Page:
Sharing hopes for a grandchild
As I get older, the list of what I know for sure continues to shrink — the corollary statement is that what I do know I know with more certainty. On that list is the truth that life is hard on people. The late M. Scott Peck begins his huge bestseller “The Road Less Travelled” with the statement “Life is difficult.” This was written in 1978, the year before I was married. Now, I have had a great marriage but 32 years later I can say that he was right (not a commentary on my wife). Life has not gotten easier. At the same time, there is always reason for joy. Our recent joy has come in the birth of our first grandson this summer. Here are three things I would want him to know:
First, I really don’t know how anyone, unless they are living a highly buffered life due to wealth or a particularly temporary situation, could claim that life isn’t difficult. My first reaction to our grandson’s birth (after the initial celebration) was to pray for his future, particularly the trials and dangers that he will face along the way. These could include and certainly will include some of the following which are not uncommon in life today: imperfect parents, sickness, bad teachers, irresponsible behavior, broken relationships, failures in various ventures, divorce, making parenting mistakes yourself, shame, and of course, death. Life is difficult! I want him to know that he is on a dangerous journey with many challenges. No one gets off easy.
Second, deep down, people still resist the “road less taken.” We, all of us, are tempted to think that life should work the way we want it to and when it doesn’t, we find a way to not accept it. Complaining is always an option. Being angry at God or someone else is an option. However this takes away from receiving the full gift of life. It takes great faith to say “God is good, all the time. All the time, God is good.” When I think about my grandson, I want him to know that God is good but that life as we experience it is not always good, or at least it doesn’t seem so. I want him to know that his trials will be the raw material for his character growth and ultimately will be that which produces a legacy footprint in this world. I want him to know that failure is not fatal. I also want him to learn that you can have joy in the midst of hard stuff if you walk through life with God.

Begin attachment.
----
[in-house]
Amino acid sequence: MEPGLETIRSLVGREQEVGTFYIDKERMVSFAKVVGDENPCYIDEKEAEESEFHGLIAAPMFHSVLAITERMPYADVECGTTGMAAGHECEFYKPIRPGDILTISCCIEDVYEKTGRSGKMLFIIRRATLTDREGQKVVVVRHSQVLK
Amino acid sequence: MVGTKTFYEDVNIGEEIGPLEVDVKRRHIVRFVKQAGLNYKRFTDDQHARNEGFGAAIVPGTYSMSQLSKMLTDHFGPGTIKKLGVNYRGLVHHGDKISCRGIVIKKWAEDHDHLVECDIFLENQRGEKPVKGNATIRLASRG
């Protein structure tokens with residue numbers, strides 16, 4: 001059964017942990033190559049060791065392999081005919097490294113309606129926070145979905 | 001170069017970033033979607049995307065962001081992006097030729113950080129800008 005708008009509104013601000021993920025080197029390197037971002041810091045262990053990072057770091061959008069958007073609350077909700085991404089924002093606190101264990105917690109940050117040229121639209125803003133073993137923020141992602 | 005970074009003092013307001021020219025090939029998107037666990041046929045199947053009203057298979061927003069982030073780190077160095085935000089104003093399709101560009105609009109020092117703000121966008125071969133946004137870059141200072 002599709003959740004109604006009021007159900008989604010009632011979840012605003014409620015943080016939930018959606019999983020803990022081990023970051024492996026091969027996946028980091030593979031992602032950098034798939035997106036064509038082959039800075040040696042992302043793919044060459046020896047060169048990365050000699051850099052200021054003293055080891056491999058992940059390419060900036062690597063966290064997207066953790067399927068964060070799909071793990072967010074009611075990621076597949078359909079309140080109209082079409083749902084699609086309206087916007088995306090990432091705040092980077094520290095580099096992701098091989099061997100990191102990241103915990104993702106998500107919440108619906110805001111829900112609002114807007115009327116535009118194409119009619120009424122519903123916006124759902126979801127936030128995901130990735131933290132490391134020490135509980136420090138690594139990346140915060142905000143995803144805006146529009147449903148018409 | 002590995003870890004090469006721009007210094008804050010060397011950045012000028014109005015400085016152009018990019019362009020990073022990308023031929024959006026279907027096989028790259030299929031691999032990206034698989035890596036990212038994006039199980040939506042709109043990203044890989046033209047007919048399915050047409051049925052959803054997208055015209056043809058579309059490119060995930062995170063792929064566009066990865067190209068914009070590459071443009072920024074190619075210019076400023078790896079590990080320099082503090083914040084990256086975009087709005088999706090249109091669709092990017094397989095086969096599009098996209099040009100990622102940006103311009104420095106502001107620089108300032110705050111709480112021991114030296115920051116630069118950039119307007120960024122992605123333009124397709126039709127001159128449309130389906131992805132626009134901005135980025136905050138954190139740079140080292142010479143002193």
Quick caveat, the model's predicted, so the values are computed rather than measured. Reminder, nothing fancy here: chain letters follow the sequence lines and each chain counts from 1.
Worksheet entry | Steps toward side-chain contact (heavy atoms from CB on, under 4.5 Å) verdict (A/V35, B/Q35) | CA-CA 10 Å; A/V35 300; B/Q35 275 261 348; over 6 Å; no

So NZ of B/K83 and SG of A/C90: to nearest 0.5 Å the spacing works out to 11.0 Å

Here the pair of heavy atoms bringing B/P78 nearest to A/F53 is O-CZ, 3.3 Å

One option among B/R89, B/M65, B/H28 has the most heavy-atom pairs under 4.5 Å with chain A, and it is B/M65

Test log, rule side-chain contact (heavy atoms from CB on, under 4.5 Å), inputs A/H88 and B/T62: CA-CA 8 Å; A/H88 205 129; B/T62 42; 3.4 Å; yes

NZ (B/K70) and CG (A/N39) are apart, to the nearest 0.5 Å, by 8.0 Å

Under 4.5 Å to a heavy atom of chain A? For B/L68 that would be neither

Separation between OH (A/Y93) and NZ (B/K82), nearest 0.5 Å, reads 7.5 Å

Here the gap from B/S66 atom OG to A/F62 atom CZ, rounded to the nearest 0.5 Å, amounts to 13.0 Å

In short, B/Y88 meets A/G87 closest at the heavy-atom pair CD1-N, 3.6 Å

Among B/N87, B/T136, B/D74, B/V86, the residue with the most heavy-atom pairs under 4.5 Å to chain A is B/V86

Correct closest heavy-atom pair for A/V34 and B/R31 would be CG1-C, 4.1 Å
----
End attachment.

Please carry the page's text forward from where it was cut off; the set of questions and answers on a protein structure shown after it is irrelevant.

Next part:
The third thing I want him to know is that he is loved. More than anything else, at any one moment in his life, he is loved. Loved by parents and grandparents, friends, and most of all, loved by God. What a gift for a child to enter into. He does not have to earn this love but it is there because of who he is. It is a gift, not something that can be taken away, but not something to be taken for granted either. The knowledge of this love becomes the basis for a secure and joyful life. If he can absorb this love and allow it to become part of the person he is, he will have something wonderful to offer to other people. I want this for him more than anything else.
Isn’t this what you want for your children and grandchildren? Isn’t this what you really want for yourself? In his book, Peck’s thesis is that it is those who embrace the truth that life is difficult, not those who fight it, who have a shot at real joy in this life. That is true, but it isn’t the whole truth. Soon after he wrote “The Road Less Traveled,” Peck became a Christian. He found that the Bible supported his thesis but he also found the source of love that was needed for life. The Bible says this love “is for you and your children and for all who are far off (Acts 2:39).” That includes you and your children. That includes my grandson.
This column is the opinion of Mark Meridith, pastor at Community Covenant Church, which is located at 16123 Artillery Road in Eagle River. Contact them at 696-5229. Gathering services are 9 a.m., 11 a.m. and 5 p.m.